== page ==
The recent fight over TikTok is just a reflection of the long-lasting feud between China and the US in recent years. Will this „new tech cold war“ become a „comprehensive cold war“? Or will it be forgotten?
Scarlett Yan, 30 November 2020
A 20-year-old man and his 5-year-old brother standing on the escalator, and dancing with pop rhymes – this simple 15-second video has attracted 25.6 million likes, ranking first on TikTok, a popular short video-sharing platform. The dancer is TikTok star Michael Le, who has 42.1 million TikTok followers.
The fight over TikTok’s ownership in the US has been in the global headlines for some time. The recent fight over TikTok is a reflection of the long-lasting feud between China and the US under the Trump presidency.
TikTok’s fate has been unclear since September 2020, as US President Donald Trump signed two Executive Orders against TikTok in which he demanded that TikTok sell its US operations to a US-based owner, or else TikTok would be “shut down” in the US. Trump argued that TikTok’s Chinese owner, Bytedance, may pose a threat to “the national security of the US”.
This decision has given Bytedance no choice but to seek a US buyer. Several US companies came into the race, including Microsoft, Oracle and Walmart. An initial agreement was made to shift TikTok’s US assets to Oracle Corp. and Walmart Inc., which was strongly supported by Trump. Yet this deal was never finalized, since Trump’s government failed to provide “substantive feedback” to the detailed solution, as argued by TikTok.
Yiming Zhang, the CEO of Bytedance, said in an internal letter that he did not agree with the decision to sell TikTok’s North American business, because the company has always insisted on ensuring user data security, platform neutrality and transparency.
On November 12，the US Commerce Department halted the ban on TikTok following the deal on TikTok’s US assets, giving the company another two weeks to survive. This decision was made because of the ban “pending further legal developments” in multiple lawsuits.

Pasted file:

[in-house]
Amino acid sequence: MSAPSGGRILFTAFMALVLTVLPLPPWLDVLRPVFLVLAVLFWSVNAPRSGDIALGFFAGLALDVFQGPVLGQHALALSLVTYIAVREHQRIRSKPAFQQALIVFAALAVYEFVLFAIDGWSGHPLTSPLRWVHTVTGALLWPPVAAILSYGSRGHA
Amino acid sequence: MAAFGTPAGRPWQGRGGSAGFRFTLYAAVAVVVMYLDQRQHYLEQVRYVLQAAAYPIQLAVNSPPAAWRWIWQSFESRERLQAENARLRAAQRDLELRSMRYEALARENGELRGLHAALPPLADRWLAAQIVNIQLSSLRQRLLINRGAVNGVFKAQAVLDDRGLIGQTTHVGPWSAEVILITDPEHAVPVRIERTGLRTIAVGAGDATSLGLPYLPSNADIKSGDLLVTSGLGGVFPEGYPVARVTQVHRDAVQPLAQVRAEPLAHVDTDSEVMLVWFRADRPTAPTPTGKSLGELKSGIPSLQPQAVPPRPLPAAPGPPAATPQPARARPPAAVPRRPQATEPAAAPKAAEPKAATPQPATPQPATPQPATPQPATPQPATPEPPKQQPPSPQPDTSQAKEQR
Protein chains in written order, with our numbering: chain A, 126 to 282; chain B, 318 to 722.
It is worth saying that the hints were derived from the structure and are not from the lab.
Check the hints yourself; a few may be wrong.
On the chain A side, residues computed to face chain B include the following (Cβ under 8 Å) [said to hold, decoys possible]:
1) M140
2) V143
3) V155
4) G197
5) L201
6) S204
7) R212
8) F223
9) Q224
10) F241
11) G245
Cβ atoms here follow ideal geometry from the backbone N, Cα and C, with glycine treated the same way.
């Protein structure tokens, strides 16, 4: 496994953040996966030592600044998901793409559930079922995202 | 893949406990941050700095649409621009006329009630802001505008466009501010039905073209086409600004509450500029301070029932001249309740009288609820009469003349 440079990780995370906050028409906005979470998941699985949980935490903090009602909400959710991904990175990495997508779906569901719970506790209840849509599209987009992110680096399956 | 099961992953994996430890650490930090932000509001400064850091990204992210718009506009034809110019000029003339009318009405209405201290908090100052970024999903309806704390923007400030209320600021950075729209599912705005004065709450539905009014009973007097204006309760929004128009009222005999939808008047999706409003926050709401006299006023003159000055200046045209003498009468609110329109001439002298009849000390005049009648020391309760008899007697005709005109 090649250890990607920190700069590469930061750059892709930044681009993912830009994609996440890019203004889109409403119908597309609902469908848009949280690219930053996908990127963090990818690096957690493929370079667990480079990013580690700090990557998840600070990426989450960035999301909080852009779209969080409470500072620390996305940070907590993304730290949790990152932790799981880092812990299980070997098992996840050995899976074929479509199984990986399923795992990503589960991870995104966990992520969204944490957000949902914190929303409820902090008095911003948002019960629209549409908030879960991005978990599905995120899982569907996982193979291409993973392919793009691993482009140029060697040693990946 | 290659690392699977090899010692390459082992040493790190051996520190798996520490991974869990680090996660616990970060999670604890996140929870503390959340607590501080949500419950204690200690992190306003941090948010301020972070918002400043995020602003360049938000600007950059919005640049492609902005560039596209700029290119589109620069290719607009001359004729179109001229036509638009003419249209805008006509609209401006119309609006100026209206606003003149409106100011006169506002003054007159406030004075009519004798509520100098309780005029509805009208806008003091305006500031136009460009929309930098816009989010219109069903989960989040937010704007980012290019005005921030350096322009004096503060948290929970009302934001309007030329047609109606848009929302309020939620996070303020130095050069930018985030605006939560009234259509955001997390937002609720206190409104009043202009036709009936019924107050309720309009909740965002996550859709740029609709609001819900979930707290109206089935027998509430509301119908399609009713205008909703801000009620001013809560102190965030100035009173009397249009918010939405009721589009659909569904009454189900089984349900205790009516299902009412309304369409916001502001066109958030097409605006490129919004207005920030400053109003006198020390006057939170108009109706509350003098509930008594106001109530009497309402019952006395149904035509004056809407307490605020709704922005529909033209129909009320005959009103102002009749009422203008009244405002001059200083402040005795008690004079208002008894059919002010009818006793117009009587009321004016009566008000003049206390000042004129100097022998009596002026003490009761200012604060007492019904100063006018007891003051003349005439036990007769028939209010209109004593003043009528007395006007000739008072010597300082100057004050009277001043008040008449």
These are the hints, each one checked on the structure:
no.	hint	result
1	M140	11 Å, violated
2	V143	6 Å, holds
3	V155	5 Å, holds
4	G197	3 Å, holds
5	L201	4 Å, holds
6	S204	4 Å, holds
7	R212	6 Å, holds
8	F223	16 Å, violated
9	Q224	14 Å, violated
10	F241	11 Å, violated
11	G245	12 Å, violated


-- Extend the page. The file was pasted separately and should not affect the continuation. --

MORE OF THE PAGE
Three famous TikTokers appealed Trump’s Executive Order to ban the app in a Philadelphia court in September 2020, asking that the app be allowed to operate in the US. The court ruled in favor of the plaintiffs.
TikTok also filed a lawsuit against the US government shortly after the ban, arguing that the government “has overstepped its legal authority” through the Executive Order.
Why is TikTok so popular?
As an app for making and sharing short videos, TikTok has gone viral in the US market. According to Sensor Tower statistics, as of June 2020 TikTok ranked first in the global app download list. In the United States, TikTok has been downloaded more than 165 million times, and 65 to 80 million active users share videos every month.
The secret of TikTok’s success lies in its use of music and extremely large algorithms, allowing it to quickly understand what users love to watch and recommend them to users accordingly in order to increase “user stickiness”, which means to keep a user as long as possible on the app. Although most of the popular videos are shorter than 30 seconds, many users spent several hours a day on TikTok. “I could not stop watching these videos, they are like magic bullets,” one user commented on Twitter.
From the get-go, TikTok has been trying to delimit a clear line between itself and its parent company. The staff is run by a global team, and the data are collected and stored overseas. However, these measures could not dismiss doubts that TikTok may monitor and disclose the data of customers and apply China’s censorship to its global practice.
In July 2020, the government of India also announced a ban on TikTok in the India market, after the relationship between China and India deteriorated. India used to be TikTok’s biggest oversea market as TikTok has the most downloads globally in India.
Although it seems like a business dispute, in reality, it is a reflection of the deterioration of Sino-US relations. The reason TikTok has become the latest target of attacks, was due to its close relations with Chinese authorities. As US Secretary of State Mike Pompeo repeatedly argued, TikTok would pass the data of US-based users on to the Chinese government, although no evidence of this was provided.
The escalating fight has even raised concerns that this “new tech cold war” could become a “comprehensive cold war”? The decoupling of two of the largest countries in the world would definitely have severe implications to the international situation, where we have already seen some consequences.
The future fate of TikTok may lie with the new Biden administration or it may be forgotten.